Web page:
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Article   |    
Treatment Delays in the Course of Electroconvulsive Therapy
Michael E. Miller; Samuel G. Siris; Arthur N. Gabriel
Psychiatric Services 1986; doi:
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The authors thank Max Fink, M.D., Lori H. Lefkovitz, Ph.D., and Barbara R. Berger, M.B.A., for their helpful comments.

The Department of Psychiatry at the College of Physicians and Surgeons of Columbia University

The Department of Psychiatry at Mount Sinai School of Medicine

1986 American Psychiatric Association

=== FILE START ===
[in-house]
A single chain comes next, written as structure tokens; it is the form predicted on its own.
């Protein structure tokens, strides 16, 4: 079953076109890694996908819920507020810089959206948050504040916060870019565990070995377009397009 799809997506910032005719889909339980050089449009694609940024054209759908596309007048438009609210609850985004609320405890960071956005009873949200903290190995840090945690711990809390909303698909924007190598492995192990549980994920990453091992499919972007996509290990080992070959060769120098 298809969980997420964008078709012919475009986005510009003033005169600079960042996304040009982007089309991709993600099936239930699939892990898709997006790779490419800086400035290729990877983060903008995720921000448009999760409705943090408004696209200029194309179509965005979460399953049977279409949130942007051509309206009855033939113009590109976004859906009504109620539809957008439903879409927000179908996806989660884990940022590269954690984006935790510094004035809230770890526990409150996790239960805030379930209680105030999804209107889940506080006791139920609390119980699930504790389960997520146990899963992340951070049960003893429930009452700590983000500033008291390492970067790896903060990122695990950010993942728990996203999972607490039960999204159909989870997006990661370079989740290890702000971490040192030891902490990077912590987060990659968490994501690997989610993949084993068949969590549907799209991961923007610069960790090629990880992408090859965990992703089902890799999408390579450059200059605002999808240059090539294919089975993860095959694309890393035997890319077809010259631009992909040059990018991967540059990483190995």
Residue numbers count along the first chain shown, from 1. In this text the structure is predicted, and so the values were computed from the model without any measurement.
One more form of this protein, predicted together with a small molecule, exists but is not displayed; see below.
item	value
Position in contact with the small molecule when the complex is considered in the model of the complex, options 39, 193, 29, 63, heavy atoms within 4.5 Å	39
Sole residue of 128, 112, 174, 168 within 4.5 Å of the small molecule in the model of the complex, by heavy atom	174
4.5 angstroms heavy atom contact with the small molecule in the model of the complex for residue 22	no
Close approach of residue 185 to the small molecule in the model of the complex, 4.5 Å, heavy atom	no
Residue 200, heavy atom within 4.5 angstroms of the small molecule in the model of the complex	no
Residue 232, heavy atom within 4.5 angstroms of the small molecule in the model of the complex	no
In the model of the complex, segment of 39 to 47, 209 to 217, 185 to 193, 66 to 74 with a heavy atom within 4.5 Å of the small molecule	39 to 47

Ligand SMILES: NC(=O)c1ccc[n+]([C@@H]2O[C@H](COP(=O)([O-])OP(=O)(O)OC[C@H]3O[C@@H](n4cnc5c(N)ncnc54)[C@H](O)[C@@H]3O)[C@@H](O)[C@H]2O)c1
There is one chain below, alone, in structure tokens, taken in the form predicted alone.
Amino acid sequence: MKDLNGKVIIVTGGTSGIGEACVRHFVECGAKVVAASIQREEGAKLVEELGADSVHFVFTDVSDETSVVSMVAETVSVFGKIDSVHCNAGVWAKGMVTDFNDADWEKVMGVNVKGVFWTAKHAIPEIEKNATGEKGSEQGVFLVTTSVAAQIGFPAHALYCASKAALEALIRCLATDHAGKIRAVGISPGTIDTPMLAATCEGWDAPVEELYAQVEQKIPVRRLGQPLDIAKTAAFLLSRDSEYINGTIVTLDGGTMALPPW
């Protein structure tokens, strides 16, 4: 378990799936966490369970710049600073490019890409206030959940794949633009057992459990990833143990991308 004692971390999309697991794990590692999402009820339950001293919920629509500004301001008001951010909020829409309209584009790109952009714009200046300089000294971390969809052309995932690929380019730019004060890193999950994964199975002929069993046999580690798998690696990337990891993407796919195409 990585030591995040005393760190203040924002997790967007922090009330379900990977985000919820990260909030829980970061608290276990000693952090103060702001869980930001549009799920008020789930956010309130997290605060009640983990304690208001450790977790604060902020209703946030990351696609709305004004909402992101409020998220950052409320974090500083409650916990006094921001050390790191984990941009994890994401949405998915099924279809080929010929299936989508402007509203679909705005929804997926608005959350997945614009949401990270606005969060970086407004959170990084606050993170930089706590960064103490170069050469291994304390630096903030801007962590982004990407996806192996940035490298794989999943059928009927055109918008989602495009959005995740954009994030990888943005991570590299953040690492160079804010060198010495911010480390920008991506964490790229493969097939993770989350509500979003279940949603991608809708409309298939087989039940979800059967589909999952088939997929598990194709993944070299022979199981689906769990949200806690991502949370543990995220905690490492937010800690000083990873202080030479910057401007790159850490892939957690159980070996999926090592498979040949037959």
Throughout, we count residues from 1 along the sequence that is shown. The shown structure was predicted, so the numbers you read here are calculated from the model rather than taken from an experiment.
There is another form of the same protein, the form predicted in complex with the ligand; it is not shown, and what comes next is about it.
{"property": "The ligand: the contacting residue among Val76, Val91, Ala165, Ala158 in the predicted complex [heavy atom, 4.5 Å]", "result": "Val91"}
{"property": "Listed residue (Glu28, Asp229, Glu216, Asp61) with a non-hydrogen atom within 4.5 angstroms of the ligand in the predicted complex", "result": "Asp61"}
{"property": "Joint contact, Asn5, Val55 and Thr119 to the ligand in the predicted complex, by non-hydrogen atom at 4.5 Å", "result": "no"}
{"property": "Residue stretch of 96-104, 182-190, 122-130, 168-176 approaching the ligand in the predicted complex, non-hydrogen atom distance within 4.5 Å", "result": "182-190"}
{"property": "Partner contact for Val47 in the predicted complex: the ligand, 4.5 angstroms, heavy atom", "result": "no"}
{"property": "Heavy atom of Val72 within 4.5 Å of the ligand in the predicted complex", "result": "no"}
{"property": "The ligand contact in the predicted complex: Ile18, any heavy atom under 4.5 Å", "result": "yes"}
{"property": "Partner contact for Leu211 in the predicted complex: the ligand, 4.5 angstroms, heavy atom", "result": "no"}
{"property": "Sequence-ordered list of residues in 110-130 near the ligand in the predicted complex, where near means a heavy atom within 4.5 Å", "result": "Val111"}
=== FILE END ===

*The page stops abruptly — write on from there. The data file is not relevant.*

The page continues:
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Abstract

Electroconvulsive therapy (ECT) is often delayed because the patient develops cognitive disturbances. The authors reviewed the charts of 45 depressed patients who received ECT and found that 25 patients developed cognitive dysfunctions severe enough to cause a delay in treatment. The development of organic symptoms causing delays in treatment was positively correlated with increased age and the presence of preexisting cognitive dysfunction, and the treatment delays led to longer periods of hospitalization. The authors emphasize the need for early identification of the causes of cognitive dysfunction after ECT and for careful selection of the treatment strategy for each patient to reduce the risk of adverse effects.

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